Our son, John, just turned 28 this past July. We adopted him when he was 8 years old. He came to us with a history of trauma and we really had no idea how much it had affected him or how to help him heal. By the time he was fourteen we didn't feel like the other children in the house were safe with him there. He would never hurt them -- I was his target -- but I was afraid they were going to get hurt if they were between us when he was angry with me.
We decided to ask our county for help and the help they gave us was to file a "Child in Need of Protection or Services" petition against us staying "abandonment" as their grounds. He went into foster care and then began a journey of four years where he was in and out of foster care, residential treatment, and our home, though his time at home were never for very long. He manipulated the system pretty well.
He was in and out of facilities that were not good for him. He told me last night that several of the guys he lived with in one facility sued the facility and won because of the maltreatment the kids received. None of the facilities worked with us -- other than to allow us visitation -- and many of them seemed to work against us.
He finally landed in a really good place before his 17th birthday. It was a Christian boys ranch, similar to where I work now. He was doing great there... so great that our plan was that he enter their independent living program.
Except that the county had a policy. You have to "try" a "least restrictive environment" after twelve months in an institution. While I understand the policy, in his situation this was not a good plan. I argued my way up the chain of command at that county and lost.
The rest of the story doesn't go well. He was put in foster care which lasted three weeks and then his caseworker told us that he was going to put him in a residential facility that was typically for juvenile delinquents "for a couple weeks." This was the institution I mentioned above that was recently sued. I read the article today -- I won't like it. Too sad. Too ugly. Too disturbing.
His two week stay lasted about 4 months until I fought for a different alternative right before his 18th birthday. That's a story in and of itself.
The next several years have been very hard for John. The most recent violation of his probation has been heartbreaking. He is such an amazing human being with such a tender heart and yet his mental health issues and battles with alcoholism have him in prison now for the next couple years. We have no idea what would have happened to John if the county had made other choices, but he truly believes had he stayed at the Boys Ranch he would have ended up with a completely different outcome.
The organization where I work will take children without counties being involved. Parents can place their children with us on a voluntary basis and we have a sliding scale... nobody is turned away because of their inability to pay. During the journey described above we were paying hundreds of dollars a month for the mediocre care John received and had no choices. Here, at PHFS, parents have choices and have input into what is happening with their children.
Most recently, we are on a journey to become a "Teaching Family" Association. As I went through the training (all directors and managers go through it), I learned about how to teach five basic skills: Greeting skills, Following Instructions, Asking Permission, Accepting No As An Answer, and Receiving Feedback All of the children in our cottages will leave with those five skills.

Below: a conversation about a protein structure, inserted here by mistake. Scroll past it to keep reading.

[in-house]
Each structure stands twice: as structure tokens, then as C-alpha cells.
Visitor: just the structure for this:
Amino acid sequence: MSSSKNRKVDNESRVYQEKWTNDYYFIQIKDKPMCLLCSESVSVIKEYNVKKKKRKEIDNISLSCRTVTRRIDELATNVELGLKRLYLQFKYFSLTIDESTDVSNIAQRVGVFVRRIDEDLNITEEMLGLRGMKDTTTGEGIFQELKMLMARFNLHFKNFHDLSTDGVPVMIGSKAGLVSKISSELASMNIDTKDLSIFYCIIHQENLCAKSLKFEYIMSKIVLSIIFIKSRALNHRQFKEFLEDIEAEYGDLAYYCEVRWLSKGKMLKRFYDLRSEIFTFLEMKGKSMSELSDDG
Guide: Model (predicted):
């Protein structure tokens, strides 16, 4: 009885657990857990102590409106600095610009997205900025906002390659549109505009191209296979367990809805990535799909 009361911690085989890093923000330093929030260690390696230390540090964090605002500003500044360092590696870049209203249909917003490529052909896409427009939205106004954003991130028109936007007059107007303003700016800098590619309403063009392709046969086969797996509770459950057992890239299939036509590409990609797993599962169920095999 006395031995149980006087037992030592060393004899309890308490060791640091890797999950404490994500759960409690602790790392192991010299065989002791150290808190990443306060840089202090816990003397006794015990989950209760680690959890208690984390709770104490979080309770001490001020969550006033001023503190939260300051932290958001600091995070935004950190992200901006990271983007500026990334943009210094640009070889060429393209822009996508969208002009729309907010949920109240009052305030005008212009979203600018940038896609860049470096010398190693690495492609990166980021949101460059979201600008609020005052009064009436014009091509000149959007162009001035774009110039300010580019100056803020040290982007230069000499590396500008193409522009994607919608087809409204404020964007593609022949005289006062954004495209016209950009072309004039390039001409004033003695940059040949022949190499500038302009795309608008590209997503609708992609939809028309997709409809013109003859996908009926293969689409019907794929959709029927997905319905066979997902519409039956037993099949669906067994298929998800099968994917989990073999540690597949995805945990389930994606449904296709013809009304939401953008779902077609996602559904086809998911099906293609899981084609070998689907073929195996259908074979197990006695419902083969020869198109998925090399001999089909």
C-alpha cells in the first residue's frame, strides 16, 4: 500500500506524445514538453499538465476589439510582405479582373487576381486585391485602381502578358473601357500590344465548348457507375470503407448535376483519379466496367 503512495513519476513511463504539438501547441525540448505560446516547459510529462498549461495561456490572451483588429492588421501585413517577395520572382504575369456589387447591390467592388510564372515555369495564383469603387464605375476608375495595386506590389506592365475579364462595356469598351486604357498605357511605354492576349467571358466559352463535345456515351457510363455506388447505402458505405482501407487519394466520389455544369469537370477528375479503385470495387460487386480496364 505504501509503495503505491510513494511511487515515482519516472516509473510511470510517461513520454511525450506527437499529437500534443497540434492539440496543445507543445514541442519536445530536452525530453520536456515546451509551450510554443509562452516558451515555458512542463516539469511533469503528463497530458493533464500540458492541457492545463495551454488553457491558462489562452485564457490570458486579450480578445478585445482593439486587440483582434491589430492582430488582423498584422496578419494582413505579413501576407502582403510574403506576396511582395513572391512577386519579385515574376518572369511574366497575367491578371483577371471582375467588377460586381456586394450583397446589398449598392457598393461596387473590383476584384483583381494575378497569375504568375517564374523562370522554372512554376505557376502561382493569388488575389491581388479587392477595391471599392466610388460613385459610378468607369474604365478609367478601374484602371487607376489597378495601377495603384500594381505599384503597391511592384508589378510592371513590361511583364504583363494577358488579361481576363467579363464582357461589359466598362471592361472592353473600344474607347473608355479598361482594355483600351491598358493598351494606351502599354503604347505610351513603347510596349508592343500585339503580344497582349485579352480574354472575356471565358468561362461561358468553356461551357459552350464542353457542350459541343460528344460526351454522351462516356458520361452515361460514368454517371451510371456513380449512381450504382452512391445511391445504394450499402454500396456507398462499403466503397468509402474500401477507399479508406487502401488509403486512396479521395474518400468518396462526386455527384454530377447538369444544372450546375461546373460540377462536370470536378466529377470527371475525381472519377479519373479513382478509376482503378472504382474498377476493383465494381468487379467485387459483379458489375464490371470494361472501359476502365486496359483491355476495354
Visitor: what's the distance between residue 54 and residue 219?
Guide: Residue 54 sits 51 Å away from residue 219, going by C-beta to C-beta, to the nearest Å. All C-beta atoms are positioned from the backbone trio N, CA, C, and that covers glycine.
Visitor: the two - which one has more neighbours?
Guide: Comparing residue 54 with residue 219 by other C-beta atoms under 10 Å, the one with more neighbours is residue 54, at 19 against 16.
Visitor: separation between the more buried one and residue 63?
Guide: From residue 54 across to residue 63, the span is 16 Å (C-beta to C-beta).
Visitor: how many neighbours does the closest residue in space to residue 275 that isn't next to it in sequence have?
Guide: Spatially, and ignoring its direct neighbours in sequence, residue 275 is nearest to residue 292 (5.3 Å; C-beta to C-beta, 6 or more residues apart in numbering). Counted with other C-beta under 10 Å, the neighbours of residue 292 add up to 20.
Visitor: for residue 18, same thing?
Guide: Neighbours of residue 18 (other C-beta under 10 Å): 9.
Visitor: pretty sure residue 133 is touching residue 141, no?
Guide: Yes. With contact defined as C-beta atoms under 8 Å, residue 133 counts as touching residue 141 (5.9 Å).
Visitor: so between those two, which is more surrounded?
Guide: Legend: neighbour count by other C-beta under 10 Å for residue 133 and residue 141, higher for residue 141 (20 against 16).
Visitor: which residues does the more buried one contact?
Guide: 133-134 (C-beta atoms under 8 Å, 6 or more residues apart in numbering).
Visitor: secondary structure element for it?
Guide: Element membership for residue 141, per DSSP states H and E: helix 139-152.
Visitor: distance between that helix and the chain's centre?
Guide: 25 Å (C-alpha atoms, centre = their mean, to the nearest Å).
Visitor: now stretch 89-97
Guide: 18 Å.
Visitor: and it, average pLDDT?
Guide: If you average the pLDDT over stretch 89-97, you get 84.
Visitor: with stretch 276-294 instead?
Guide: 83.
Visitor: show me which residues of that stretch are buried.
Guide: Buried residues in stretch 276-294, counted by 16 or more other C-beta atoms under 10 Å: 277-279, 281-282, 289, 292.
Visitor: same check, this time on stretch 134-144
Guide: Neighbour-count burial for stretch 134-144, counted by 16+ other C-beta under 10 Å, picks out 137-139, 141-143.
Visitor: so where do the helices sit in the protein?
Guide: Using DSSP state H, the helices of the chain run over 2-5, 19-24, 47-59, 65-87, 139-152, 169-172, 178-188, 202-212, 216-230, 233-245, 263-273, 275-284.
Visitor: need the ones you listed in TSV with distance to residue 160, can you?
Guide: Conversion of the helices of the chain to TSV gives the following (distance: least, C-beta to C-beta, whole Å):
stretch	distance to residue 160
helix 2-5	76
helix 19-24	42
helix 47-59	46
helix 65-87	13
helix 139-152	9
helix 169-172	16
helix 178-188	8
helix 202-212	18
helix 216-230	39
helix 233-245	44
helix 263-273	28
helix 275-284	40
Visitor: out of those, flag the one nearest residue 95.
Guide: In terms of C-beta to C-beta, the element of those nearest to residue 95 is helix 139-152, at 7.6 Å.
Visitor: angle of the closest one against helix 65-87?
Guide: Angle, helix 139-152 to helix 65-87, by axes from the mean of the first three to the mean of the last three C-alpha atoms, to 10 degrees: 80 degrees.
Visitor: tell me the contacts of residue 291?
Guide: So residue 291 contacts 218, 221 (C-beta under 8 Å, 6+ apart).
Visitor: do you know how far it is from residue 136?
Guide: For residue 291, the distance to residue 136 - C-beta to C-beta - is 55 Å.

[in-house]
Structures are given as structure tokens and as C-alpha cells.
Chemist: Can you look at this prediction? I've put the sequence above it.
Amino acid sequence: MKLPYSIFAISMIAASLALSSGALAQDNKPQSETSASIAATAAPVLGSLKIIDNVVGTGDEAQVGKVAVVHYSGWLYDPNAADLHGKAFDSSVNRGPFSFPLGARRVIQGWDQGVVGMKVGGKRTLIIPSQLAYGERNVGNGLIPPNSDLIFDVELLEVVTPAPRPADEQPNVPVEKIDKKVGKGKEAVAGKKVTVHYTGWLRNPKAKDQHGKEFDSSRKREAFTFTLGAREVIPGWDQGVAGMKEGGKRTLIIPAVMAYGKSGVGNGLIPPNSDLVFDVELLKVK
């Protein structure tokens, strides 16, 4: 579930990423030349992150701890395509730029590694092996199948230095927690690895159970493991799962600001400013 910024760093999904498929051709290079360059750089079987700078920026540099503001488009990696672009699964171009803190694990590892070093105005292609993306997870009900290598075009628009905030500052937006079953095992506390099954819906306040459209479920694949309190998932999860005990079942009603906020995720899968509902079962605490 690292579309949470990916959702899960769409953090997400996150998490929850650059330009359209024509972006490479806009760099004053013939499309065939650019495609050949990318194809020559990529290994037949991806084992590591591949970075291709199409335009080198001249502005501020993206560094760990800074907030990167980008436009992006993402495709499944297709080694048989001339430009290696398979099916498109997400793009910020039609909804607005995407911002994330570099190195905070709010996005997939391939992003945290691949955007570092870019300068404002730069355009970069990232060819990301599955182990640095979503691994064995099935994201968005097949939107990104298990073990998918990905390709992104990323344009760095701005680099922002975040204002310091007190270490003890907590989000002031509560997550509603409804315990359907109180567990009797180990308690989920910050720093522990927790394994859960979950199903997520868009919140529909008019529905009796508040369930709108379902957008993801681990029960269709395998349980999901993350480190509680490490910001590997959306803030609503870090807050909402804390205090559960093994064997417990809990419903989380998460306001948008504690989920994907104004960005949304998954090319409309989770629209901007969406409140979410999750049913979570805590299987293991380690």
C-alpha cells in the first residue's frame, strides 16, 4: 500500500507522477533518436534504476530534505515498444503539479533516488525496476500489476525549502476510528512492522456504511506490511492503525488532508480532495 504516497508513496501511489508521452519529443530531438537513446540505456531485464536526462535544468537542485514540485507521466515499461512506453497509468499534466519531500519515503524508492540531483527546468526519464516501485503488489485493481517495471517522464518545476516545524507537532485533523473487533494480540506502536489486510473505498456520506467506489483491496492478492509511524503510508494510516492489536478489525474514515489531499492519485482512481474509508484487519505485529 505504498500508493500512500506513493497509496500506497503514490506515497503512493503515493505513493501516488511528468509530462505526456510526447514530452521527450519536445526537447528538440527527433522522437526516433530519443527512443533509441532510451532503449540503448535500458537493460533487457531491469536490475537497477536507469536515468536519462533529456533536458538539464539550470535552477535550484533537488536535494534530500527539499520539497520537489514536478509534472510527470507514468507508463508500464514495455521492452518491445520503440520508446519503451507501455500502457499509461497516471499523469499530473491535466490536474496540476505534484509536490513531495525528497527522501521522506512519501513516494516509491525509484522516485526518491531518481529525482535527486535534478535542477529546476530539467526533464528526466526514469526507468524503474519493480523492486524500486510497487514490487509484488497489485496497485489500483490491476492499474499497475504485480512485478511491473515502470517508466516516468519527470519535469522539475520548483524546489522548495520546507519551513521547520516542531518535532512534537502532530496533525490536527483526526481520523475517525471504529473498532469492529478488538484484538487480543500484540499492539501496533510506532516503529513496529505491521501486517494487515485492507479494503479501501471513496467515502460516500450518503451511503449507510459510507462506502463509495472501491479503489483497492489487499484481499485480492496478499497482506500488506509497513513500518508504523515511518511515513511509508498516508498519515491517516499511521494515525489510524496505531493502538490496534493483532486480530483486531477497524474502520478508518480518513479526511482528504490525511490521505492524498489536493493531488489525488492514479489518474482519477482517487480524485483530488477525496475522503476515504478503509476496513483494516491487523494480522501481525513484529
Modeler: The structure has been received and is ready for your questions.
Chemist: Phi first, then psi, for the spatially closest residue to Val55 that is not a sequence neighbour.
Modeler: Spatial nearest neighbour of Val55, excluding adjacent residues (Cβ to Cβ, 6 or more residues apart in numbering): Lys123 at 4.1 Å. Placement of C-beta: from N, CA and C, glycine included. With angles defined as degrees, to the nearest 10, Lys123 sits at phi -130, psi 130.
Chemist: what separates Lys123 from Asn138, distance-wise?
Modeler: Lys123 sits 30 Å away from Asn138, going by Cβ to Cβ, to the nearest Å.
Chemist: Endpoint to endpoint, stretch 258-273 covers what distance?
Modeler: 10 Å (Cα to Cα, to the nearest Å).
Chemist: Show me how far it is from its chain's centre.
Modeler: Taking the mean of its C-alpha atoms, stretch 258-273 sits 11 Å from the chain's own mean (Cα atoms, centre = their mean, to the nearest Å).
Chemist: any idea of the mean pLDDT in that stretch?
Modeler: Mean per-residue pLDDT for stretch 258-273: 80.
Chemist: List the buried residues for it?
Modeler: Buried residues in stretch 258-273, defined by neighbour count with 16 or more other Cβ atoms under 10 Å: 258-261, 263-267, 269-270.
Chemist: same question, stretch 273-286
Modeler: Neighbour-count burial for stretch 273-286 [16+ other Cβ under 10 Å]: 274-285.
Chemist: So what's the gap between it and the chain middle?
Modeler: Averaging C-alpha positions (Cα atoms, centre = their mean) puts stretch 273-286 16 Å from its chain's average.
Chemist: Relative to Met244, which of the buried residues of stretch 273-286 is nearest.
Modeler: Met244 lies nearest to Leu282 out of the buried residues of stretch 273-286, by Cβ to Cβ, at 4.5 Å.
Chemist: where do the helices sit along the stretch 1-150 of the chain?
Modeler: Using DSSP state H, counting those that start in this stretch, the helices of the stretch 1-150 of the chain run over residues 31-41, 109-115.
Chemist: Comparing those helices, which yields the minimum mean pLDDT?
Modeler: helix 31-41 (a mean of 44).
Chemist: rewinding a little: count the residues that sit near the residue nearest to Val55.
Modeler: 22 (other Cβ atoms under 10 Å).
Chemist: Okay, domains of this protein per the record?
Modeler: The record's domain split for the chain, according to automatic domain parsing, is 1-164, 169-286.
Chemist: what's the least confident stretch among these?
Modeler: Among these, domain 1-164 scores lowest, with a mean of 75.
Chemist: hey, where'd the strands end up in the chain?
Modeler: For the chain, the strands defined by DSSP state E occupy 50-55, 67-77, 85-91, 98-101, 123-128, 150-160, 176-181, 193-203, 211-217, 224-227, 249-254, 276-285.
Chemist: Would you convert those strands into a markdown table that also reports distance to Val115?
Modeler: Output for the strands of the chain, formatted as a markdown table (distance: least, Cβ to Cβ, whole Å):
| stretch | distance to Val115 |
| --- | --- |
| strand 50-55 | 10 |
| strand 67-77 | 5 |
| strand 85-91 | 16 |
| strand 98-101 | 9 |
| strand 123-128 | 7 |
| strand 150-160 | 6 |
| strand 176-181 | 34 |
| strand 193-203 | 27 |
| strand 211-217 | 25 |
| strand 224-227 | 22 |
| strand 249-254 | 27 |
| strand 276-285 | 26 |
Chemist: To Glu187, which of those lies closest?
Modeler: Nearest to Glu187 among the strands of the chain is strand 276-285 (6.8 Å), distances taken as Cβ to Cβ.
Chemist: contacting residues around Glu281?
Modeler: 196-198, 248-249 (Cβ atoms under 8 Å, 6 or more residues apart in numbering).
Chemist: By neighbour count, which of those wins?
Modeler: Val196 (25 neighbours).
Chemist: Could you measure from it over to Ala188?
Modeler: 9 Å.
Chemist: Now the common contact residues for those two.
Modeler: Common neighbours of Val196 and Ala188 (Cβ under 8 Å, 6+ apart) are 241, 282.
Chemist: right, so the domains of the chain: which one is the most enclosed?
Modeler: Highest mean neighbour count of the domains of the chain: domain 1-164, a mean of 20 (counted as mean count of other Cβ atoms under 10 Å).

I hate to confess that many of my children did not have those basic skills when they left our home, especially those who had to live other places. I look back on the journey we had with John and had he been able to be in a place that worked with us to discover what was best and that taught him those skills, he would certainly have had a better chance.
The other day I came across this blog entry, written ten years ago. It tells the story of when we went to visit John when he was at the facility who is being sued. I just reread it and it made me cry.
So in case you didn't know why I go a little overboard in fundraising for the place I work, it is because I know what it is like to be the parents, desperate for someone who can honestly help. And I know that at PHFS we are able to help.
This story may impact you because you have been there, or because you worry you might some day. It might be because you know a family who has struggled with a teen and have shared their journey. If it has an impact, I encourage you to give.
We have chosen not to take state money because it impacts the way kids are are treated and how decisions are made (you read above how county policy about paying for residential treatment derailed my son).
I know I've asked a lot and in many different ways, but if we can raise enough to help just one family avoid the pain we have gone through.... if I can make the difference in one life so that a young man is not wasting away in jail.... it's worth any price.
As I hung up from talking to John last night, we both knew what we knew ten years ago: regardless of everything that had happened in the past, and with everything that will happen in the future, there is always love.
Ok, I need to stop now because I'm making myself cry. But think about it.
Here's the link if you want to donate: I'd appreciate It, but more importantly, so would a family.